A presidential candidate that is a millennial, a mid-westerner, Jewish, an Afghan war vet and gay

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A presidential candidate that is a millennial, a mid-westerner, Jewish, an Afghan war vet and gay

Pete Buttigieg, a democratic candidate runs for President in 2020

Pete Buttigieg, a democratic candidate runs for President in 2020

City of South Bend, Indiana

Pete Buttigieg, a democratic candidate runs for President in 2020

City of South Bend, Indiana

City of South Bend, Indiana

Pete Buttigieg, a democratic candidate runs for President in 2020

Yairis Alvarado, Staff-Writer

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South Bend, IN Mayor Pete Buttigieg, 37,  entered the 2020 race for president on Wednesday.

If Buttigieg wins his long-shot bid for the Democratic nomination, he will become the first nominee of a major political party who publicly identifies himself as gay.

Since Buttigieg is not very well-known outside of Indiana and he is entering a crowded field of more established contenders, currently, it seems very difficult to get the wheels rolling That a gay married man is running a serious campaign for president, however, is a big deal, and we should not let the improbability of his candidacy stop us from acknowledging this moment.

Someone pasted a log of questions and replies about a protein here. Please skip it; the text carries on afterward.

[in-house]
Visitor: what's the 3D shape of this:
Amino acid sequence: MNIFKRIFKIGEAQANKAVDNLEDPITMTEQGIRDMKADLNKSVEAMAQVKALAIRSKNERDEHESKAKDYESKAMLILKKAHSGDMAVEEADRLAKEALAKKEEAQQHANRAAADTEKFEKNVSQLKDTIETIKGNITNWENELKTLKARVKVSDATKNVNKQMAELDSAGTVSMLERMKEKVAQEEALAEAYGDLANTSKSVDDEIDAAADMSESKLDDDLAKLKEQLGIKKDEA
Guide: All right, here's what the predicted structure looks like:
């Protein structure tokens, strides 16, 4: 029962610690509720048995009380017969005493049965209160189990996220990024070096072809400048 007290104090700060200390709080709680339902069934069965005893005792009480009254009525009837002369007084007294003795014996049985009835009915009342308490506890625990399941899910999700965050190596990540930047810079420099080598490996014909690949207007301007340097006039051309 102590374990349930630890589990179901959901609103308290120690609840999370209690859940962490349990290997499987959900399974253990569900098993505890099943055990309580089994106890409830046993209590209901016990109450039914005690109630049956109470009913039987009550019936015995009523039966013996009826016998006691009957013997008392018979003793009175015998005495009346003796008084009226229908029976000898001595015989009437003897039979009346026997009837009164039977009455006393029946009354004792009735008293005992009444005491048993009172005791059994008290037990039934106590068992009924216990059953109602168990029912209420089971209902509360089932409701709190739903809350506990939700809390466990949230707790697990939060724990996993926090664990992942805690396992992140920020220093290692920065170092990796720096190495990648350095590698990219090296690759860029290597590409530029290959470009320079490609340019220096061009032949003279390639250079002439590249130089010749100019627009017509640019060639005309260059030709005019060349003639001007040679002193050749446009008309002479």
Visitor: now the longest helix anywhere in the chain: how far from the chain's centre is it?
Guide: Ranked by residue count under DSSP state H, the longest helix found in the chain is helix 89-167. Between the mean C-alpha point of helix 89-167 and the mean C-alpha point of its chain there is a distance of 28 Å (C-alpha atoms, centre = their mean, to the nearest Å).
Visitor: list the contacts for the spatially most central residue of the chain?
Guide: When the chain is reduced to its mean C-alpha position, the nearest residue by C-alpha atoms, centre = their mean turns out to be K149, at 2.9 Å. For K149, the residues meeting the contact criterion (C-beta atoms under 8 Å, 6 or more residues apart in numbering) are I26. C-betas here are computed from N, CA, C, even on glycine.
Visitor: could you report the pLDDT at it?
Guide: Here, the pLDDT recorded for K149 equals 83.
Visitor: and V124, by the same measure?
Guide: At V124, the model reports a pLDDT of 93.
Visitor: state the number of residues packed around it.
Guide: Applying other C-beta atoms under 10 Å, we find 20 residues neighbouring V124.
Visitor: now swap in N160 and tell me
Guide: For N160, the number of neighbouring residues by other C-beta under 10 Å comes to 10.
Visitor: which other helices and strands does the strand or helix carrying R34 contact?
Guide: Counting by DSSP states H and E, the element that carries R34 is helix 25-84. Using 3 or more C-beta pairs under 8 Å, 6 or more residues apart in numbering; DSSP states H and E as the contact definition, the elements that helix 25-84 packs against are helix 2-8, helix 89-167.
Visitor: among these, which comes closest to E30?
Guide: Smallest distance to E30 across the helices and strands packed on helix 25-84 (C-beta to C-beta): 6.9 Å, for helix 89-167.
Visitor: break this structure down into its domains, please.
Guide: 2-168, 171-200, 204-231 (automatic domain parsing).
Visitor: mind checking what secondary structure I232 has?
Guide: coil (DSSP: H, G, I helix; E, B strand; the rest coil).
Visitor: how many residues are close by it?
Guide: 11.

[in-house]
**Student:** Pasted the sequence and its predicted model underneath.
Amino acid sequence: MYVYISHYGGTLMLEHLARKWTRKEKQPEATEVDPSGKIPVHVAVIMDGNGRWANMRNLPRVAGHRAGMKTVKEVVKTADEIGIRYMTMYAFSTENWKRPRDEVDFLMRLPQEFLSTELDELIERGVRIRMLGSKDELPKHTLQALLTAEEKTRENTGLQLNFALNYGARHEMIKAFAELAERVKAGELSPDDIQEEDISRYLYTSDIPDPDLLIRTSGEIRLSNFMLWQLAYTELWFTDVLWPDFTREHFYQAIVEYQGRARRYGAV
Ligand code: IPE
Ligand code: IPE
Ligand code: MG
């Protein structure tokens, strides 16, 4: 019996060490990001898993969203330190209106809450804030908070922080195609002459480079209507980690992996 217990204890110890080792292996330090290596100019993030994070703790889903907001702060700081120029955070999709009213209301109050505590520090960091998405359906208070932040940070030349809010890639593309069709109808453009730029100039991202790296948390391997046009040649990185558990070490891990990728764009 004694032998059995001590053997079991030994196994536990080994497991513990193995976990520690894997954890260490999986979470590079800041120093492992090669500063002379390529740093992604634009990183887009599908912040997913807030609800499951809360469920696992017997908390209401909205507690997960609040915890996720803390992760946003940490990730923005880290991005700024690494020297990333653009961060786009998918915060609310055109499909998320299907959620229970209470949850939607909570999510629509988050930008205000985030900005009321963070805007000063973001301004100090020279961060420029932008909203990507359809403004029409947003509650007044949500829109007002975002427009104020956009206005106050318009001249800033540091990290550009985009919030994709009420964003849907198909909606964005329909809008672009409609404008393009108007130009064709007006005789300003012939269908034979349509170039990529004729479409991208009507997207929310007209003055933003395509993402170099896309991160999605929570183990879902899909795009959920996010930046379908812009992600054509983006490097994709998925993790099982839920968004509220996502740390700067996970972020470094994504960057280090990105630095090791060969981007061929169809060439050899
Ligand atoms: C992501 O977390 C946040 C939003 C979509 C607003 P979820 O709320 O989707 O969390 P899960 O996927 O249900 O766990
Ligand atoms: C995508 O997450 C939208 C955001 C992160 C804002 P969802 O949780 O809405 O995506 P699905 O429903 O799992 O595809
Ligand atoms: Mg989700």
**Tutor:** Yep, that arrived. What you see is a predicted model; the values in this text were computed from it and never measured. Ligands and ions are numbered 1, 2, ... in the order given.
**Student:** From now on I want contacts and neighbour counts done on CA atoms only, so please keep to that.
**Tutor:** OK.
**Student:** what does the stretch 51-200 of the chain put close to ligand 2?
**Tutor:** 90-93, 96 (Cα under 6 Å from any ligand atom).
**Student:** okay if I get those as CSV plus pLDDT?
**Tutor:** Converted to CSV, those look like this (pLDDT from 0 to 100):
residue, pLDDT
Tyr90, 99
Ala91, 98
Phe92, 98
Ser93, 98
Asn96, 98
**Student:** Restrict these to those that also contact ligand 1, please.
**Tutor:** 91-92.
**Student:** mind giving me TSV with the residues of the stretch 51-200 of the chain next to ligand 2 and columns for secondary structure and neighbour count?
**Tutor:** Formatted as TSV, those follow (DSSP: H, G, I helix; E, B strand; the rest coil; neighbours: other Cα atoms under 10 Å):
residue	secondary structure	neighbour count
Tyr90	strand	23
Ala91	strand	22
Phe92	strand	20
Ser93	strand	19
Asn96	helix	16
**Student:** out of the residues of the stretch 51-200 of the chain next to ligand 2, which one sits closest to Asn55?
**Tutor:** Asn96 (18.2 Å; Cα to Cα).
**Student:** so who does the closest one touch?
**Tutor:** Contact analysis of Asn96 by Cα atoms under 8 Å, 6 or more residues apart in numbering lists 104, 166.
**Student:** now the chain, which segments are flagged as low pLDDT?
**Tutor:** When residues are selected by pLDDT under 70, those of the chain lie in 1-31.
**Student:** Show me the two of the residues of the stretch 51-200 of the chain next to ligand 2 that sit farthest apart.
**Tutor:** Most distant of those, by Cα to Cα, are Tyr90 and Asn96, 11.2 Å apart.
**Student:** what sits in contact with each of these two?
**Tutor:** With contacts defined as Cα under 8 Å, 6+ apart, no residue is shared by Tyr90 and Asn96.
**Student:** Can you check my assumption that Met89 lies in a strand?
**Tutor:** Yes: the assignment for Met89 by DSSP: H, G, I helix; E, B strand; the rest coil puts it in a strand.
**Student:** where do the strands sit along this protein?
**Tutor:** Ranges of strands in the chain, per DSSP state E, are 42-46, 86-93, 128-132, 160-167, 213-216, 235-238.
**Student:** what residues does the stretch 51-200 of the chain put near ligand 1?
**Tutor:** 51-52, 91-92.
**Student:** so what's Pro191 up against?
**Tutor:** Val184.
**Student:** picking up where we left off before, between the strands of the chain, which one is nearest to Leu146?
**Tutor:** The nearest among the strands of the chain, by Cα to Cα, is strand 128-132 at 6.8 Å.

Buttigieg, who was elected mayor in 2011 at the age of 29, came out in 2015 — days before the Supreme Court struck down same-sex marriage bans nationwide. In a column titled, ‘Why coming out matters,’ he wrote about the difficulty he had coming to terms with his sexuality and being open about it publicly.

Robert Franklin
Pete Buttigieg and his husband, Chasten Glezman.

“We Midwesterners are instinctively private, to begin with, and I’m not used to viewing this as anyone else’s business,” he said in the column. “But it’s clear to me that at a moment like this, being more open about it could do some good. For a local student struggling with her sexuality, it might be helpful for an openly gay mayor to send the message that her community will always have a place for her. And for a conservative resident from a different generation, whose unease with social change is partly rooted in the impression that he doesn’t know anyone gay, perhaps a familiar face can be a reminder that we’re all in this together as a community.”

Buttigieg watched the 2016 election and viewed mistakes made by the Democratic candidates by ignoring all of the midwest votes. “I’m from the Midwest, so these issues of making sure that we have a positive way forward for workers and families in the industrial Midwest.  This is not theoretical for me, it’s my home,” Buttigieg said in an interview with NBC News

Who knows. Maybe he will make the debate stage. Maybe he will take off in Iowa, and that momentum will propel him further than we can foresee now.

But one thing is certain: Having a gay candidate — or nominee, heck, even a president — is no longer implausible.